WASHINGTON, D.C.—Amidst a tempest of election season political turbulence, a wave of bipartisan unity appears to be rising in support of research targeting Alzheimer’s disease. “Every one of us knows how vulnerable we are,” says Sen. Dick Durbin (D-Ill), speaking at a forum in Washington D.C., organized by AtlanticLIVE. The Democratic senator shared the stage with his Republican colleague Susan Collins of Maine, who warned that the nation is facing a “tsunami of cases.”
In fact, as baby boomers enter old age and people are living longer, the number of cases will triple from 5.3 million today to 16 million in 2050, according to the Alzheimer’s Association, which is holding its annual international conference here this week. Nearly half of the people who reach the age of 85 will succumb to this most common cause of dementia. “Alzheimer’s disease is going to bankrupt Medicare and Medicaid,” Collins says. “We cannot afford not to make this investment [in research].”
Funding for Alzheimer’s research seems to be emerging as a possible exception to the long string of miserly cuts in federal spending. “This is special,” Durbin says. “I believe this issue covers the spectrum [of political opinion].”
“Constituents resonate to Alzheimer’s disease,” says Collins, who sees widespread support for research across her party. Even ardent critics of the contentious Affordable Care Act (“Obamacare”), including Sen. Lindsey Graham (R-S.C.) and former Florida Governor Jeb Bush, are united with liberal Democrats on this issue. Collins cites a concrete example: “Republicans are in control of the Senate and they just authorized a 60 percent increase in Alzheimer’s disease funding.”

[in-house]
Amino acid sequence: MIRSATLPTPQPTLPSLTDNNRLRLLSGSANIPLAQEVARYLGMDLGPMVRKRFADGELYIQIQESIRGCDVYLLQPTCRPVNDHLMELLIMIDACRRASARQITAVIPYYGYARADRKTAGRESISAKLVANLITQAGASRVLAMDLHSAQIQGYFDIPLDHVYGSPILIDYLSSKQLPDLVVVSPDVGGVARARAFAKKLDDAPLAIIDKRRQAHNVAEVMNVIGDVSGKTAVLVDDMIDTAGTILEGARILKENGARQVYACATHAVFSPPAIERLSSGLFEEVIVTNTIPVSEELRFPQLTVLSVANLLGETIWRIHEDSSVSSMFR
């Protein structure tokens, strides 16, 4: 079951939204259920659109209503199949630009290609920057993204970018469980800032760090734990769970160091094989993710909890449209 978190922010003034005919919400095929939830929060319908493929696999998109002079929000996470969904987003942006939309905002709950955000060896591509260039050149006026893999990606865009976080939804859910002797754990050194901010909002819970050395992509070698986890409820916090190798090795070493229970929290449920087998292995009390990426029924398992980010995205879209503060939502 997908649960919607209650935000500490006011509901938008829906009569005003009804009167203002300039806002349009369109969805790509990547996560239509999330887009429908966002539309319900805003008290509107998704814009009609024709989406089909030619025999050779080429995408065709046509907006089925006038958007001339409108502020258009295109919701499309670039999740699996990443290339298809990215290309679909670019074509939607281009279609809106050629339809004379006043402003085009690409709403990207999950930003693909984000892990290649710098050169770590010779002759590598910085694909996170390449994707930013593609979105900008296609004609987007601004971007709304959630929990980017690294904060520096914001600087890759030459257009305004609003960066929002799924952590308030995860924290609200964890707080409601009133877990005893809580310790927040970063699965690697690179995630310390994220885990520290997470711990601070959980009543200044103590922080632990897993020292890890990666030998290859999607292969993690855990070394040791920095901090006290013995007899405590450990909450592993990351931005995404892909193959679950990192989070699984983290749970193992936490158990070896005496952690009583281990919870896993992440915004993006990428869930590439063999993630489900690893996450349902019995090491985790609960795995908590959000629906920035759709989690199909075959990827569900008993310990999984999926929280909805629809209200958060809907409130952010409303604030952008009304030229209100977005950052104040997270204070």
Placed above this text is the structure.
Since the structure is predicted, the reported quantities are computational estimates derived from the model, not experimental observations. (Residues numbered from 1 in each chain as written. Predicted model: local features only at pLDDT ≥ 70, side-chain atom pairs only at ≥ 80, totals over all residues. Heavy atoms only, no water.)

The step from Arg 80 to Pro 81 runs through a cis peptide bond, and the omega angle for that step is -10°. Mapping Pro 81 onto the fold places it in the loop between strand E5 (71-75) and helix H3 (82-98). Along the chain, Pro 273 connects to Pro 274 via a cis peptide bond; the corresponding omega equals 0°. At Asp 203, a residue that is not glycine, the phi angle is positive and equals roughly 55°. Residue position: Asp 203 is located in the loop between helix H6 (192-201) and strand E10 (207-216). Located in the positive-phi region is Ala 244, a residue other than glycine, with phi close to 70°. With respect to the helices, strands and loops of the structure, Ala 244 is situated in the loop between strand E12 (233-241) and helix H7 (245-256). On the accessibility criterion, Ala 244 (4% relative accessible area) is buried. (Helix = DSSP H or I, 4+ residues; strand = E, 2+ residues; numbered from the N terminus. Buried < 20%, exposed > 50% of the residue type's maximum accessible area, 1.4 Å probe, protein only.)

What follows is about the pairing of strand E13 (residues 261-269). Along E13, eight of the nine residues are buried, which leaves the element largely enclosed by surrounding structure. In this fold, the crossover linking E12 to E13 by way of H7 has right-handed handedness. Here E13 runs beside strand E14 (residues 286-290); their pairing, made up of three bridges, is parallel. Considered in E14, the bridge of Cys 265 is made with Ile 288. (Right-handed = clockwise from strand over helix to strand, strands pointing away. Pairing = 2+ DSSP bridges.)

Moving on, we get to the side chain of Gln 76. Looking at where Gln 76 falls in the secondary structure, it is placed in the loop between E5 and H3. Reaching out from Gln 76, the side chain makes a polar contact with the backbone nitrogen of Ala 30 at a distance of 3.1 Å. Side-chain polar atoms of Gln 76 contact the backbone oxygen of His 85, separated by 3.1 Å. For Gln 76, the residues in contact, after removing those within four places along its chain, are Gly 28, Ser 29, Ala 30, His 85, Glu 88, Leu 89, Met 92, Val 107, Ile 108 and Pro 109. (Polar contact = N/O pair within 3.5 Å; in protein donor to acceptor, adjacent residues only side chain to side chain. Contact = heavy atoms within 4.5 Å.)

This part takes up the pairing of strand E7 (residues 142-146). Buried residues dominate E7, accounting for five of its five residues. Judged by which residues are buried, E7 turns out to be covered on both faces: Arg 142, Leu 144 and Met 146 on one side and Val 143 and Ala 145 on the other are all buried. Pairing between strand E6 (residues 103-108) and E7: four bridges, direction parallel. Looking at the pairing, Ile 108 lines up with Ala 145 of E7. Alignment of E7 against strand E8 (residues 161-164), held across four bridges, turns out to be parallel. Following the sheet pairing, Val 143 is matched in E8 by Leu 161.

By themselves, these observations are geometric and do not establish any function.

Members of Congress on both sides of the aisle are calling for a national strategy to defeat Alzheimer’s disease, modeled on the rapid response to the AIDS epidemic or the war on cancer started 40 years ago. Last week Collins proposed new legislation to address the lack of Medicare coverage for long-term care, for example to provide the custodial in-home care that an Alzheimer’s patient must have. Senator Durbin has proposed a 5 percent annual increase in budget to the National Institutes of Health (NIH) over the next 10 years to make the necessary investment for breakthroughs in Alzheimer’s disease and other biomedical research.
From Durbin’s perspective this issue goes beyond improving health and relieving human suffering; he sees biomedical research as a matter of national security and economic competitiveness. The number of research grants funded by the NIH has declined every year for the past 10 years. Between 1999 and 2009, Asia’s share of worldwide research and development expenditures grew from 24 percent to 32 percent. Meanwhile, American expenditures fell from 38 percent to 31 percent.
Biomedical research, Durbin notes, is a powerful force for economic growth. He cites the Human Genome project as an example where the federal investment has been paid back many times over in technological development and economic gain. “America’s place as the world’s innovation leader is at risk as we are falling behind in our investment in biomedical research,” he says.
There’s little question that more funding for Alzheimer’s research makes sense. Despite the demographic tsunami, investment in Alzheimer’s is currently dwarfed by spending on heart disease and cancer. But Congressional enthusiasts of all stripes should be prepared for the fact that much like the “war on cancer”, an all-out assault on Alzheimer’s is unlikely to yield a cure. Progress will likely take a different, more piecemeal shape.